Song Division Preamble

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Text originally read at Song Division at Camden Arts Centre on 16 November 2011

Song division preamble.jpg


Cherish derelict spaces, forgotten works, dates of expiration.

Find loopholes, test boundaries, check motives.

Mired by unsustainable models of economic growth, we look to the archive and its potential future.

To affect change we participate in alternatives. Seek out public spaces; rediscover generosity; value sharing.

We love pirates! Their lawlessness is inspirational. But beyond rebellion – we seek to expose antiquated systems of control – to build active resistance and test new models.

The public domain is not a safe zone. It is a mistake to ignore its potential as a site of political invention.

We oppose the dominant system of the artificial limitation of the flow of ideas and concepts, re-enforced by a market that seeks to profit from restricting access to cultural materials.

Tonight we invite you to be part of a temporary experimental zone – where sonic legal boundaries are negotiated, tested and expanded.

On 6th October 2011 here at Camden Arts Centre during the opening of the Haroon Mirza and Nathalie Djurberg exhibitions an experimental DJ set was played and recorded. The set was a compilation of music selected, not for its eclectic sound or rareness of recordings but primarily for its legal status. Gleaned from the edges of the public domain, songs from early commercial releases, currently subject to a conflict in copyright status between lyrics and musical composition, were edited, redacted, cut-up and processed to suppress copyright-secured elements and to enable, for the first time, the release of public domain layers from the proprietary control of commercial publishers.

The 1920s, 30s and 40s recordings - many of which you’ll hear this evening – have been dug out from record company back catalogues and retrieved from the recesses of the British Library and beyond – through a process of meticulous and labour intensive research.

Lyrics have been ripped from manuscripts and recordings altered and encoded using digital processing techniques ported from R&B and HipHop. Autotune has been applied to voices to remove melodic phrases, and lyrics have been flipped and reversed. In addition basslines have been stretched and intensified and beats swung and looped – to bypass legal frameworks and enable playback.

Phonetic reversal and backmasking – techniques conventionally used to censor words or phrases in rap recordings for radio broadcast or historically used to encode subliminal messages on vinyl releases, are here used to redact recordings whose lyrics are still under copyright control. Elsewhere, re-edits have been made – to strip the vocal content out of a recording – intros, outros and instrumental sections re-spliced to open out and free melodic layers.

In contrast, sonic production techniques of vocoder and auto-tune are folded back into their original military functions of speech coding and encryption in order to suppress controlled melodic elements and release copyright-expired lyrics.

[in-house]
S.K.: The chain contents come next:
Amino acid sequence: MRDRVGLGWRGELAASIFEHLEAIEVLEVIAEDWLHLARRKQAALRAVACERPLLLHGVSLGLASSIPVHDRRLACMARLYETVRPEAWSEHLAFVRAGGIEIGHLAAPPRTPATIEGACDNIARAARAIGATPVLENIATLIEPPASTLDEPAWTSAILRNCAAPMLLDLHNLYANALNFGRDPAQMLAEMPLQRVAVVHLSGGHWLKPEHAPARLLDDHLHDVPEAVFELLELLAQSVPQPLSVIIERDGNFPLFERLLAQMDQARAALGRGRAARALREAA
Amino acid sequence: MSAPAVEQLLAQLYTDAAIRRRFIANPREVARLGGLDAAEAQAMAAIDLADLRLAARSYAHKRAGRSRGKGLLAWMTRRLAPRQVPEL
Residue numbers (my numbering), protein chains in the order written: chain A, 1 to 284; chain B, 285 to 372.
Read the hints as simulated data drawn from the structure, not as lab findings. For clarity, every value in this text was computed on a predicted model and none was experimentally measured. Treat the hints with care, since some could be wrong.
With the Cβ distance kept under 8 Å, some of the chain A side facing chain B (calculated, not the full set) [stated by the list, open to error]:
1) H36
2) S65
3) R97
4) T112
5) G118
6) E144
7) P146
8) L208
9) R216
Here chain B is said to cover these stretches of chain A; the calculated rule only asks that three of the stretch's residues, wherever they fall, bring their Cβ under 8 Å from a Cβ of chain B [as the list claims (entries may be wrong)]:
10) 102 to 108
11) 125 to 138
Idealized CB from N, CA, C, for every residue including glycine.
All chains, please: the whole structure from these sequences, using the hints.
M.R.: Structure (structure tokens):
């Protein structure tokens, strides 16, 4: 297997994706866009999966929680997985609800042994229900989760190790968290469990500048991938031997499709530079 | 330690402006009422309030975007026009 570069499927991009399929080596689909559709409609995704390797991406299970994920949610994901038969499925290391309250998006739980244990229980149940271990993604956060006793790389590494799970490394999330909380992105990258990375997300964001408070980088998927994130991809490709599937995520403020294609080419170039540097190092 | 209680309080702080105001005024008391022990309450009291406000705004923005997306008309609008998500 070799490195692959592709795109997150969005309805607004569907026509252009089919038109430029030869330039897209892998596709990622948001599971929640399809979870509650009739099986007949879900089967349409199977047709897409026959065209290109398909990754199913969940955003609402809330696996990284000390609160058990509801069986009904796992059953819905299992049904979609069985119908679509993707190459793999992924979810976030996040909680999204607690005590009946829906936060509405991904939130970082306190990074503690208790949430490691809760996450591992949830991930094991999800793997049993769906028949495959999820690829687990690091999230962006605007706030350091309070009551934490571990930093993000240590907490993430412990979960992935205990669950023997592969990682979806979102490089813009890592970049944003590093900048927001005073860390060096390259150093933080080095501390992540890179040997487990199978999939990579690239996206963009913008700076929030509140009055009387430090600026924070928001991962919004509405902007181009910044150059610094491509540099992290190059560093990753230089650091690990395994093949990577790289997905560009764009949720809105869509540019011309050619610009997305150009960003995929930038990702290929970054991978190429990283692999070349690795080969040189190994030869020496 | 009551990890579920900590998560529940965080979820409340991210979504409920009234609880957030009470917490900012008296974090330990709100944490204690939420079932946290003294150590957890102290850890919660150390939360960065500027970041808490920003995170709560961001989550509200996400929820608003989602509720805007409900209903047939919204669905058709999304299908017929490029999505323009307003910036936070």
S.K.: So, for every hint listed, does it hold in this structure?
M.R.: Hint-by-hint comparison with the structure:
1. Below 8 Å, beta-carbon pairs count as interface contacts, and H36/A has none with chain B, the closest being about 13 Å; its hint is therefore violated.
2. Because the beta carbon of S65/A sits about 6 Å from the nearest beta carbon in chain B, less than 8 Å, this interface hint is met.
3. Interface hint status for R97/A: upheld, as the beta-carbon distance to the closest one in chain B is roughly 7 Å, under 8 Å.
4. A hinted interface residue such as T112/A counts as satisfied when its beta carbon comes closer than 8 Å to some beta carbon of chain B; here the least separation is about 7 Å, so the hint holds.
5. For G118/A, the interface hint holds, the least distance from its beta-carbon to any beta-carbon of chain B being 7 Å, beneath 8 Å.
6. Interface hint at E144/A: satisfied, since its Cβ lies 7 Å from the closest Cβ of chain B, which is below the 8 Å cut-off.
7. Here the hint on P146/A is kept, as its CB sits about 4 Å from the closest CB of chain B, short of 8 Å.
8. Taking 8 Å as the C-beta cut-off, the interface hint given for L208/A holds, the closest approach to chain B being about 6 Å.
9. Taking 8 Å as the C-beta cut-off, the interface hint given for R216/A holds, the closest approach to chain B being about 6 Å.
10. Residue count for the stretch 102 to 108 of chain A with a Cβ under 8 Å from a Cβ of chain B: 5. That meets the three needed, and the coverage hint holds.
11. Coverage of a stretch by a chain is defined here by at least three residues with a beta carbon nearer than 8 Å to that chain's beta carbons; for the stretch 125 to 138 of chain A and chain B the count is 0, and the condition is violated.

This processing means compositions such as the 1923 Any Place Will Do With You, not scheduled to return to the public domain until 2022 – perhaps to a future world as depicted in the 1973 film Soylent Green, one suffering overpopulation and depleted resources; Or the 1930 song Sentimental and Melancholy, whose copyright is due to expire in 2047 – the same year the rescue vessel Lewis and Clark is dispatched to answer a distress signal received from the starship Event Horizon – can be released, in part, right now in 2011.

We must remember that the legal frameworks that define the limits of the public domain are not fixed. The future of the public domain is precarious – the field of culture is increasingly colonized for private interests as proprietors of intellectual property continually lobby for the extension of their control. We are well aware that IP has been declared ‘the oil of the 21st Century.’

On 12 September 2011, the Council of the European Union adopted an extension of the term of copyright in sound recordings from 50 to 70 years. Two decades worth of recordings currently held in common will retro-actively return to proprietary ownership. Music on the threshold of escape, forced back under control for a further twenty years.

The source manuscripts and recordings for this event are currently scheduled for full release into the public domain between 2019 and 2070 in the UK. Audio has been hacked for the present legal reality.

Tonight we present a series of pre-release leaks, assembled by Open Music Archive, Leafcutter John, Beatrice Dillon and Mechanical Bride for free distribution.

The event is being streamed live and recorded under a copyleft license for future reuse.

DATE: 16 November 2011
LOCAL JURISDICTION: The United Kingdom of Great Britain & Northern Ireland
PLEASE NOTE: Terms for other jurisdictions may differ. Please refer to your local legal frameworks for your current date and location.